8. You are beyond beautiful. No wonder your family treasures you. You speak of grief in a way that brings all loss to weepable distance – something that, I believe, is a service – and yet this is particular to you. Thinking of you with love.

    • Beyond beautiful? That’s lovely. If you saw the state of me today I think you’d rephrase that – I’m all wild-haired with bags under my eyes 🙂 Love winging its way back to you, with a cherry on top.

  9. Such beautiful letter MM …it is obvious from your writing that you shared a very special relationship with your father-in-law which will in time be a huge comfort to you.Be prepared for the jam jar moments to pop up many years from now – my Dad died over 12 years ago and I still get them from time to time only now they bring with them lots of happy memories which do eventually replace the grief…..wishing you and your family many happy memories too xx
    PS I would have cried buckets at Little My’s guitar……

  10. I remember his comments on your blog…and what you have written about him makes it clear why you feel about his death as you do….so very sorry for you and your family.

    • Thanks, Helen. I hope you have some coffee left in Costa Rica – I’ve probably drunk all your stocks dry over the last three weeks, but I’m still a zombie.
      Papounet was an exceptional person. I’ll miss him.

      • Hi MM ! Well, we would have to ask my cousin when she was 2 years old. She called her “grand milou”, I think just because it sounded warm and kindly, then the name remains for ever 🙂

      • Awwww, that’s so sweet! My son called my grandmother GGB – Great Grandma Barmcake – because she made him memorable sausage sandwiches the first time he met her, and they are called barmcakes. My Grandma was barmy, so the name fitted her perfectly 🙂

  11. I feel for you, MM. My dad died two years ago today. April is a cruel month.

    Your letter is lovely and heartfelt, and Papounet sounds like he was a very special man. No wonder you miss him so much. Big hugs. xxx

  12. beautiful letter MM. Someone told me that “grief is the price we pay for love”
    how very true this is.

  13. Words fail me.
    Luckily, they didn’t fail you – that was beautiful. I wish I had your talent for writing.
    Best wishes to you’n’yours at this time.
    Mic (aka NobblySan)

  14. Oh my… such a beautifully written and heartfelt letter to your dear Papounet. You had my chin all wobbly and the tears flowing. You obviously shared a wonderful friendship and I’m sure he appreciated the humour at his funeral, as well as Little My’s guitar playing. Those jam jar moments come at us out of the blue don’t they? When my grandmother died, I found it really helped to keep a journal… I use it to write to her, whenever I want to say ‘Hey Granny…’ and talk to her about whatever’s on my mind. Big love and hugs to you and yours MM xxx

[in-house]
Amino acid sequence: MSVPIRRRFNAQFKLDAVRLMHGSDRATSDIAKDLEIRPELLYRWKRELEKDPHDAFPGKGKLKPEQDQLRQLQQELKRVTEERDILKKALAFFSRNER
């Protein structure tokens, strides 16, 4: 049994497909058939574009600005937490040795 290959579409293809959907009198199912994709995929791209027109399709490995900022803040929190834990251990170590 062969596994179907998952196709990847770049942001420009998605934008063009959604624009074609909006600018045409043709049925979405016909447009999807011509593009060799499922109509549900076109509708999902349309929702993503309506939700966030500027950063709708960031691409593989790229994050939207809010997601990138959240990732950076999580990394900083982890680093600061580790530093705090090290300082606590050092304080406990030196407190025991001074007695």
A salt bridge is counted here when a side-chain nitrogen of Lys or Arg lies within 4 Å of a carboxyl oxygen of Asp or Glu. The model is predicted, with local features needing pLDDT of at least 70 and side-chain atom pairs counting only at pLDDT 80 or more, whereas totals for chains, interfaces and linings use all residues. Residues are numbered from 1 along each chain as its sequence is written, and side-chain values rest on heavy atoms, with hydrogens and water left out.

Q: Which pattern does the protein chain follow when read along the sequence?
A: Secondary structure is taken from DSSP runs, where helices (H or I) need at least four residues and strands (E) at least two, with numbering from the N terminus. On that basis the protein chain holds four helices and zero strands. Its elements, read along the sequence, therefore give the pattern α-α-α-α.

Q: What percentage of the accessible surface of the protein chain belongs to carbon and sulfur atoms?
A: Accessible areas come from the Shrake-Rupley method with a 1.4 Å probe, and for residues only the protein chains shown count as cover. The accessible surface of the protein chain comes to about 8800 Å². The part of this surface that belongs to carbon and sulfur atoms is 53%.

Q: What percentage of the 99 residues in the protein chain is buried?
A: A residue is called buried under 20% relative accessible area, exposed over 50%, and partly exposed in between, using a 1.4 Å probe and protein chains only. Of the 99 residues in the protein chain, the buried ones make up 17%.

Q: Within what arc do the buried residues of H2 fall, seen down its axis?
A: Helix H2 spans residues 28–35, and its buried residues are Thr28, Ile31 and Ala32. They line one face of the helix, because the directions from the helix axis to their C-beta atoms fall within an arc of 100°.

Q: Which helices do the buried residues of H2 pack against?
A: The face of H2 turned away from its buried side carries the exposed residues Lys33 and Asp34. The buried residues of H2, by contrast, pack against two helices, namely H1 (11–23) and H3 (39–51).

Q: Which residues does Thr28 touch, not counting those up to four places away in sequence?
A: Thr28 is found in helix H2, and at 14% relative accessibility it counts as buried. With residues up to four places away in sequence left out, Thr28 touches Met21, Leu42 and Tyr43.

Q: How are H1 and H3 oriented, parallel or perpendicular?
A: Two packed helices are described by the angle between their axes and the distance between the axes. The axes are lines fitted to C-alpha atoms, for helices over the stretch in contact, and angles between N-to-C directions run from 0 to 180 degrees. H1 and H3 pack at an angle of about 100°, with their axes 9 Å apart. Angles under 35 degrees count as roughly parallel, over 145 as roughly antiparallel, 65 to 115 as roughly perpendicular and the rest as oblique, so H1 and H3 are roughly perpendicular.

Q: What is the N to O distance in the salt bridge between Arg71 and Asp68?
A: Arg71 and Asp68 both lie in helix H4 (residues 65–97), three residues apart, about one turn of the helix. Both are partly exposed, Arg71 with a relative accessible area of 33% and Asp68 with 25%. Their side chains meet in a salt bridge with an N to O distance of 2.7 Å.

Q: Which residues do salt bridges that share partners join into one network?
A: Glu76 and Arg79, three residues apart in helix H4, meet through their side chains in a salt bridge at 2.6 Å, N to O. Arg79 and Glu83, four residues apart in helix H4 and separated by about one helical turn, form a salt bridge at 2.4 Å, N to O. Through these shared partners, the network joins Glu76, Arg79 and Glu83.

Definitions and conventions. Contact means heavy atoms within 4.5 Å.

• Noooo, don’t cry, TAC 😦 The jam jar moments are numerous, and I’m at the stage where I want to look at photos, but they just make me cry. A year ago we were together, celebrating my mother-in-law’s birthday; this year we’re picking up the pieces and going through all the fun and games of reorganizing life for her. Love the idea of a journal – I wrote a journal for a long time to get over a bad experience. Writing is cheaper and better than seeing a therapist 🙂

  15. What a lovely tribute and such a lovely emotional outpouring of love! Very sorry for your loss….give yourself time….it never goes away but you do learn to adjust…….

    • Hello, and welcome to my place 🙂 (Hang on, I’ll put the kettle on.. TAC, where have the hobnobs gone?)
      Thanks for your compassion. The French say that you “have to give time some time”, and I guess that’s what grieving is all about. We’re trying to get used to a huge hole that has appeared in our lives – it’s going to take time to adjust.

  16. RIP… emotional, nice and touchant… life goes on and all our loved ones who have left for good, will continue to live in our hearts… bon courage! ❤

  17. I am so sorry for your loss MM. The delightful ease in your relationship with your father in law was evident from his comments on your blog. He would be proud of this beautiful, touching tribute. Take care…warm hugs 🙂

    • Thank you, Madhu. We got on well, which is rare – he loved my language; I love his, as well as his son 🙂 The jam jar moments are still there, but the tears are less frequent. Life keeps tapping us on the shoulder and pointing forwards, and so it should. Hugs right back at you xxx

  18. So sorry for your loss MM. I adored my late father-in-law as well, and still miss him and find myself crying about random things that remind me of him almost six years after his death.

    Wishing you strength!